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SADC-GMI Short Course 1: Drilling Supervision (2018) 23 – 27 April 2018, Institute for Groundwater Studies, University of the Free State, Bloemfontein, South Africa

The Drilling Supervision short course was conducted to participants from Southern African Development Community (SADC) member states. The training was conducted as part of Continuous Professional Development (CPD) for professionals in the groundwater industry. In the modern professional ethics, the groundwater work falls under the hydrogeology/geohydrology profession. However in most of the developing countries, the hydrogeology or geohydrology professional is just starting to evolve and there is therefore limited number of specialized hydrogeologist/geohydrologist experts, thus the training did not exclude all other professionals who are involved at various levels in groundwater.

The course covered: Geology and Groundwater Occurrence; Understanding Basic Aspects of Groundwater; Principles of Borehole Supervision; On-site Supervision; Drilling Preparation; Drilling; Borehole Development and Completion; Field demonstration of pumping test; and Borehole profiling and collection of groundwater samples | »

The 2019 RWSN directory of rural water supply services, tariffs, management models and lifecycle costs 2019 Edition [ENGLISH]

The rural water supply sector is undergoing a period of change. In response to the challenges of achieving universal access to safe, affordable drinking water and sustaining those services, there has been increasing innovation in different types of rural water service models.

This Directory is intended to show the growing range of management options. Some are novel interventions that are still being piloted, others have been established for a decade or more.

Also includes: Handpump Statistics 2019 (from WPDx data from Sub-Saharan Africa and Asia-Pacific)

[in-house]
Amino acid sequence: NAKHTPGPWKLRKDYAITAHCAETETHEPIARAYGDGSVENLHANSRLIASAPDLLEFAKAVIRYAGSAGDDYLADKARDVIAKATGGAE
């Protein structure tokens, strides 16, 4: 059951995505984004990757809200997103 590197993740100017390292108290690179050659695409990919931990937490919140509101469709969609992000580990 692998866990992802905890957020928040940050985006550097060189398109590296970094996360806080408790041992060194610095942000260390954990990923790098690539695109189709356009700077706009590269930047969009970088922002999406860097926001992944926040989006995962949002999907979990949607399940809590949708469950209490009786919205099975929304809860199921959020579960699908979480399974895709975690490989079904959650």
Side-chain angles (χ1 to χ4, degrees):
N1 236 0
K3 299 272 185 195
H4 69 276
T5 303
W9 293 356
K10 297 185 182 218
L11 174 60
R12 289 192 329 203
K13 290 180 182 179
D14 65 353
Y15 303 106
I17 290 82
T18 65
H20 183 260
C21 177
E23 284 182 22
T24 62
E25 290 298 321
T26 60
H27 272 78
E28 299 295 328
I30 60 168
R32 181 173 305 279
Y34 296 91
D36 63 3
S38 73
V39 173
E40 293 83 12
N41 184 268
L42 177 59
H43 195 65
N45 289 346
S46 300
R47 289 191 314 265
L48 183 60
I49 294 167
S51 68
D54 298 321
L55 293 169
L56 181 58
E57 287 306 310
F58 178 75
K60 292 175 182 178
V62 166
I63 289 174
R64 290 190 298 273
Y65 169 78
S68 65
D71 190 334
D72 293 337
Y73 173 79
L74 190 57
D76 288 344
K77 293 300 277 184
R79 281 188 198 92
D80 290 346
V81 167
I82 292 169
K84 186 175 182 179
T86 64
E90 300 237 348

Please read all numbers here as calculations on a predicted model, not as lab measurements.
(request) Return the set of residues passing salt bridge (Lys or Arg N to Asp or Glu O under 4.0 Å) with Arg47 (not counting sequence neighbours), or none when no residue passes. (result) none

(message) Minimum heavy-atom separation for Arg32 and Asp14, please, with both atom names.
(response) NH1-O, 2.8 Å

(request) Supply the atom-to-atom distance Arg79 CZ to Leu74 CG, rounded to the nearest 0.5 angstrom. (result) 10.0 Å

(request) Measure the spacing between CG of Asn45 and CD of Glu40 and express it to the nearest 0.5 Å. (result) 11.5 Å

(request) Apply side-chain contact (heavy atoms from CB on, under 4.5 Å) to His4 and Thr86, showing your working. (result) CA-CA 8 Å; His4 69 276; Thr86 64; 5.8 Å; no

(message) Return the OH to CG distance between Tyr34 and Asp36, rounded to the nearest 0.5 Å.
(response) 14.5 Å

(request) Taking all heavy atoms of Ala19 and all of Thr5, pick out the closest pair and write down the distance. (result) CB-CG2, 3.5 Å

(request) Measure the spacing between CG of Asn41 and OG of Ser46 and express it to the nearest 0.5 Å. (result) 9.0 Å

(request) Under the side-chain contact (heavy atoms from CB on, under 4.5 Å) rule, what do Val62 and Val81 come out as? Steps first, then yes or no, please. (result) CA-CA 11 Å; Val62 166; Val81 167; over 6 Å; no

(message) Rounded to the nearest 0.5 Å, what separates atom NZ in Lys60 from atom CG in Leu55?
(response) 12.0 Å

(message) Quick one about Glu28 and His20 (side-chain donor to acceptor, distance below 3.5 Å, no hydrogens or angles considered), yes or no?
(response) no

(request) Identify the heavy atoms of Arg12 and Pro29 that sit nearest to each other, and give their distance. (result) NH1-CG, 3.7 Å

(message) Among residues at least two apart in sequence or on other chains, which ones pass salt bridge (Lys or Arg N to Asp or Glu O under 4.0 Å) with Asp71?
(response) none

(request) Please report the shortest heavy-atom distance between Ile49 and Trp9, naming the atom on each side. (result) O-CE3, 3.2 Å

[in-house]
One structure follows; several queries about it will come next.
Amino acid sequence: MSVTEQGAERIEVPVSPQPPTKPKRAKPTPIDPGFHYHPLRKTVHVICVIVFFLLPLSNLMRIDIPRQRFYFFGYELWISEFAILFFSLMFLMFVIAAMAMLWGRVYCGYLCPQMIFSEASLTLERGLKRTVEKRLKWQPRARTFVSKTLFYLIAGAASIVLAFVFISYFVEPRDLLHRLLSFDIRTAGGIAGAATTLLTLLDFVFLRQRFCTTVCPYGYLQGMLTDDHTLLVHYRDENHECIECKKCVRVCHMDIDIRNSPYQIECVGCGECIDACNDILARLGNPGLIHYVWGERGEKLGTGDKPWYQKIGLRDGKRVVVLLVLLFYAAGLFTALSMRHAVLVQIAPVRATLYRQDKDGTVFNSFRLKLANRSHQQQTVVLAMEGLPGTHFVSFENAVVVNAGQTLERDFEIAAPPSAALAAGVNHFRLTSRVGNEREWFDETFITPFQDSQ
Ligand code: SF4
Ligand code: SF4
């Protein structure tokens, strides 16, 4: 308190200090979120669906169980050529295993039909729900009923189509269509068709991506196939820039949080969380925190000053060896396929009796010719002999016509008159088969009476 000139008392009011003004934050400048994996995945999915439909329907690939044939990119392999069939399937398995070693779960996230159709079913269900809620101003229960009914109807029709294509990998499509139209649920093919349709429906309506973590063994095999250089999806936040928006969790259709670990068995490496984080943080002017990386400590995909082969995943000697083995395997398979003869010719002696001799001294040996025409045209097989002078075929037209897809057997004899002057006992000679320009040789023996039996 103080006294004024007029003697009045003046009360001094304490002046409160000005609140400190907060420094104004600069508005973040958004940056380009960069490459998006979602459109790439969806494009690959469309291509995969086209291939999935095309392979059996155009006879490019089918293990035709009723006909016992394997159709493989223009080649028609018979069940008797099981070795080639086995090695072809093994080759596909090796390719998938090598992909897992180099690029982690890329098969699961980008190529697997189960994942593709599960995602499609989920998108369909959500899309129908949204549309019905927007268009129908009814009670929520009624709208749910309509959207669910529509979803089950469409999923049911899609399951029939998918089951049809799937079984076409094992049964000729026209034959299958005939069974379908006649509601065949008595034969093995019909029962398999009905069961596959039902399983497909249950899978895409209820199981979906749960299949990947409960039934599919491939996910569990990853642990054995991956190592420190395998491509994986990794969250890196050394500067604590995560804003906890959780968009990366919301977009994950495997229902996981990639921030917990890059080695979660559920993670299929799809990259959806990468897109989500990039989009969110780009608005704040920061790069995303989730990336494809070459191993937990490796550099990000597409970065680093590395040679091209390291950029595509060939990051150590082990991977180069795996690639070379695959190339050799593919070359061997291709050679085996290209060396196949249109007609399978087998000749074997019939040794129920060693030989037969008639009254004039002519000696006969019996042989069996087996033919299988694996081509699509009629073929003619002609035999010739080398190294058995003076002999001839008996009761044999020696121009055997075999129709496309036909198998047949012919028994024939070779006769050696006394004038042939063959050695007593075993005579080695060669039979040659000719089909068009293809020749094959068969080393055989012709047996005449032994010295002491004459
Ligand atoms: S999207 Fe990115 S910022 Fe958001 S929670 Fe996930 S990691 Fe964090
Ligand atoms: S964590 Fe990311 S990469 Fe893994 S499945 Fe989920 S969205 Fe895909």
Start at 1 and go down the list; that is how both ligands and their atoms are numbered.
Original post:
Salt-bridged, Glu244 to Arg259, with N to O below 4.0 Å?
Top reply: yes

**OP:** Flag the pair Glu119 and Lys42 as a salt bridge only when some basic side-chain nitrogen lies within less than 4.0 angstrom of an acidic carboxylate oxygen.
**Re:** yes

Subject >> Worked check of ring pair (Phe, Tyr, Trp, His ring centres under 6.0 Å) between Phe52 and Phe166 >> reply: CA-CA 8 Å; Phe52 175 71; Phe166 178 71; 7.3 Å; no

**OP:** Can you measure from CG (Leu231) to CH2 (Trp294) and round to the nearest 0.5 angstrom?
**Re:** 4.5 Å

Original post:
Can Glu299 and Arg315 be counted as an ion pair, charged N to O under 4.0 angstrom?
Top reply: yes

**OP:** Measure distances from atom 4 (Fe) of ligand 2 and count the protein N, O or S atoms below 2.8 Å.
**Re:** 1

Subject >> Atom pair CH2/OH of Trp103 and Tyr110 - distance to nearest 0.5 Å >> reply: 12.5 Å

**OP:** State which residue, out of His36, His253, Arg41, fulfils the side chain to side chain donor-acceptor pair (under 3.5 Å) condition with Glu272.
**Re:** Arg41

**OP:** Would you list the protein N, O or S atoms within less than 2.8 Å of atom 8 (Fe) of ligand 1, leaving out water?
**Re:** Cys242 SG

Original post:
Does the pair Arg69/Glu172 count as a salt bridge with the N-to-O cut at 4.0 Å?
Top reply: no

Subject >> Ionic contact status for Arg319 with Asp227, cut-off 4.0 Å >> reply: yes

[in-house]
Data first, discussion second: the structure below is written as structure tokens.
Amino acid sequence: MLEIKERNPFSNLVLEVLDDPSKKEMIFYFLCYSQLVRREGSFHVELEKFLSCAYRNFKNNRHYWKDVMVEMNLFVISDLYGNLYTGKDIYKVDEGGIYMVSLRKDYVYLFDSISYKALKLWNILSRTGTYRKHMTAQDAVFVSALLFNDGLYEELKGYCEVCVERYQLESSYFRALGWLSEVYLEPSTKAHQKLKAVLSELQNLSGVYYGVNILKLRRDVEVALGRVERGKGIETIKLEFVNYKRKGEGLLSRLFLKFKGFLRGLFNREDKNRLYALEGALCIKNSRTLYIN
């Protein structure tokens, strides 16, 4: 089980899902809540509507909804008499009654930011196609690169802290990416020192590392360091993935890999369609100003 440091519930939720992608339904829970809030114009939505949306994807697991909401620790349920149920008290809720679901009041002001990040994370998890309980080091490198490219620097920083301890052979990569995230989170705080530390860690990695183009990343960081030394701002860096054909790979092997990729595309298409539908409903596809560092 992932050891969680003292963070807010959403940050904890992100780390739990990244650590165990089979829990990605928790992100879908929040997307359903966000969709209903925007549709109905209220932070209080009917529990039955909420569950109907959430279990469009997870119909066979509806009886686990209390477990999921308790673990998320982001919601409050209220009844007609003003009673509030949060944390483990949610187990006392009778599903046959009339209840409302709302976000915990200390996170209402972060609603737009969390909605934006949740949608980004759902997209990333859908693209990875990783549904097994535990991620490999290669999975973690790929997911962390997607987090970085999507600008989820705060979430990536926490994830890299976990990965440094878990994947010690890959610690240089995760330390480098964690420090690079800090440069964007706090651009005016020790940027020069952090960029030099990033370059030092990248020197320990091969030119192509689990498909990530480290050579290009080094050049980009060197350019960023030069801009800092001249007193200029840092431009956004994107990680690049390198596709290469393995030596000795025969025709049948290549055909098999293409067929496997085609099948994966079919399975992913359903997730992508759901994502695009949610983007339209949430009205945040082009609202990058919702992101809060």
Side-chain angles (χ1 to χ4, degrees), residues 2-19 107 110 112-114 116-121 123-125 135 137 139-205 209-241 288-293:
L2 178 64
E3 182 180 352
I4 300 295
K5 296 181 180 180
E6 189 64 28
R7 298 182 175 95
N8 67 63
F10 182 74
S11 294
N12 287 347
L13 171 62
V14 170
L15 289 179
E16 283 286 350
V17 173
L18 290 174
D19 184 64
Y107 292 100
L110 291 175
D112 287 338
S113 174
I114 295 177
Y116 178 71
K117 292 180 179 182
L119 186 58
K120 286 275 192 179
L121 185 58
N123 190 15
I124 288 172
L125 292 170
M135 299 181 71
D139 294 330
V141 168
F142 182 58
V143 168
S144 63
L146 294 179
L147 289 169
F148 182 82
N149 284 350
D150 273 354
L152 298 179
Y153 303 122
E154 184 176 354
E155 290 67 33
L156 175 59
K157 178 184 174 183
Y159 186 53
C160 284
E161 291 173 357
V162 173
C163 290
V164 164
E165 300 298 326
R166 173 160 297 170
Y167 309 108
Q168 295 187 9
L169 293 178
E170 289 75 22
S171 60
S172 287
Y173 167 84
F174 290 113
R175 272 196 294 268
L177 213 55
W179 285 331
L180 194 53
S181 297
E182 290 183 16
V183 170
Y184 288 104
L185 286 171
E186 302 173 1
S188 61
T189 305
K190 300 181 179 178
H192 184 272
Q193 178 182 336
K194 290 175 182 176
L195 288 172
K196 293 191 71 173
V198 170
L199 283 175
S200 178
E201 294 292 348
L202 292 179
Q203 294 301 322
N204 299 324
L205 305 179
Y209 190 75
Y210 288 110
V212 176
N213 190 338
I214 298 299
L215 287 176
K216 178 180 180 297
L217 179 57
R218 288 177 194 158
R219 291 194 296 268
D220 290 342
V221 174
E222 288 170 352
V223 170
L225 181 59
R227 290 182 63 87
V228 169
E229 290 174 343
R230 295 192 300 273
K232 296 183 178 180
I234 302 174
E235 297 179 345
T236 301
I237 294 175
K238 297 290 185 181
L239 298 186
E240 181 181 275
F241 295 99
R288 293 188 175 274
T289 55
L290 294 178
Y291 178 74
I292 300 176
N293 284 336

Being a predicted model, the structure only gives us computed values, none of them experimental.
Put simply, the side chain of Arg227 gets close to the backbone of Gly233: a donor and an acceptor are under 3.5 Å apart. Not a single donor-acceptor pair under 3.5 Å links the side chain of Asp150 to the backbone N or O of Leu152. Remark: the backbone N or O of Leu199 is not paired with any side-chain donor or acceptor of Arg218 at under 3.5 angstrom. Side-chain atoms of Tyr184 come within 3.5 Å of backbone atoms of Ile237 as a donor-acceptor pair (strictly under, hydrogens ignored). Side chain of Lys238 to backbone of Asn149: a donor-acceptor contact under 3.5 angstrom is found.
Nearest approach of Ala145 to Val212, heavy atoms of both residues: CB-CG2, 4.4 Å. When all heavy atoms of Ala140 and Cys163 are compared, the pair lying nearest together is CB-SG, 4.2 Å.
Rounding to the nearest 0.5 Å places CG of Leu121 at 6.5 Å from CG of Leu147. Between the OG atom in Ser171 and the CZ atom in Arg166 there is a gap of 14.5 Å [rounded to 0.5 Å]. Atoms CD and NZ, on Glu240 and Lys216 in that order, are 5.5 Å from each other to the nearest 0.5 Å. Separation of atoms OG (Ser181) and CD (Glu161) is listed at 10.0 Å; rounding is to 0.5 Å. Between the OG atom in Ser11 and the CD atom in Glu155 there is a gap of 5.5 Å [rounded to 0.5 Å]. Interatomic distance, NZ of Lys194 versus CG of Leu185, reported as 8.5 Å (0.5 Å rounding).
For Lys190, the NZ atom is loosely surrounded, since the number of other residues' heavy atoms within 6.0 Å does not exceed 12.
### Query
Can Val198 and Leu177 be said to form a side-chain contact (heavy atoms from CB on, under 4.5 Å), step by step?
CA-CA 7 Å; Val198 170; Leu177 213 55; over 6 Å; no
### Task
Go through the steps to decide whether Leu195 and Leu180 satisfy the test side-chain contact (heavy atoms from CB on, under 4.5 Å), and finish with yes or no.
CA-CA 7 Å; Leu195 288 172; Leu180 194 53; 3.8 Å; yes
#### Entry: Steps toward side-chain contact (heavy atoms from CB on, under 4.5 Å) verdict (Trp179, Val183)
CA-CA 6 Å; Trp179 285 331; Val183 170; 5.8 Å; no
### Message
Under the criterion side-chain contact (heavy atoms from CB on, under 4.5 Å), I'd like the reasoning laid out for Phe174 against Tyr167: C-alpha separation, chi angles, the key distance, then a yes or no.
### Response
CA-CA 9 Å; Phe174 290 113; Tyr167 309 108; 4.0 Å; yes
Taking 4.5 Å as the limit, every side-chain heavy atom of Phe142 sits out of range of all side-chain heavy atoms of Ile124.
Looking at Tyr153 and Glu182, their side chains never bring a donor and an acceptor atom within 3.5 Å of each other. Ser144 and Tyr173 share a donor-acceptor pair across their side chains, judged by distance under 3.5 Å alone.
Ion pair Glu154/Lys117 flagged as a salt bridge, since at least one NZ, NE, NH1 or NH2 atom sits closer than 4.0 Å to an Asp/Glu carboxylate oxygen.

Aussi disponible en français

NEW: this Directory is currently being updated. Please refer to the information below to contribute. | »

Shaping Sustainable Socio-Ecological Landscapes in Africa: The Role of Transformative Research, Knowledge, and Partnerships

The Centre for Development and Environment (CDE) published a book on ​Shaping Sustainable Socio-Ecological Landscapes in Africa: The Role of Transformative Research, Knowledge, and Partnerships

SDC and the CDE look back to more than 30 years of cooperation in East Africa and the Horn of Africa.

This publication highlights the results of this collaboration and provides snapshots of jointly elaborated sustainable development pathways in the Blue Nile, Ewaso N’giro and Pangani river basins. Furthermore, it shows the importance of transformative research as an indispensable component in addressing sustainability challenges and shaping policies in the water sector and beyond. | »

Groundwater’s Contribution to Water Security in Africa UPGro Working Paper

This paper has been prepared by researchers within the UPGro (Unlocking the Potential of Groundwater for the Poor) Programme, along with colleagues from the International Association of Hydrogeologists, Africa Groundwater Network, and GRIPP. It is intended as a working paper, presenting a summary of our current understanding of groundwater in Africa along four themes: (1) urban water security, (2) socially inclusive and sustainable rural water services, (3) groundwater for agricultural growth and transformation, and (4) groundwater resources and renewability. | »

Solar pumping for rural water supply: life-cycle costs from eight countries 40th WEDC International Conference

Although interest in solar water pumping has been steadily growing, misconceptions persist about the applicability and cost-effectiveness of such systems in remote settings. The primary barrier to wide scale adoption of solar water pumping is that policy makers and practitioners at the local, national and international levels lack valid and transparent information on performance in a broad range of contexts and of the full life-cycle costs. In an attempt to fill this information gap, this paper presents upfront and recurring costs from 85 rural solar water pumping schemes of various sizes that have been designed, constructed and supported by Water Mission in eight countries. The average life-cycle costs associated with the reviewed schemes were within and on the lower end of IRC WASHCost benchmark ranges for both piped water schemes and boreholes fitted with handpumps. These findings indicate solar pumping is a viable and cost-effective intervention for rural water supply. | »

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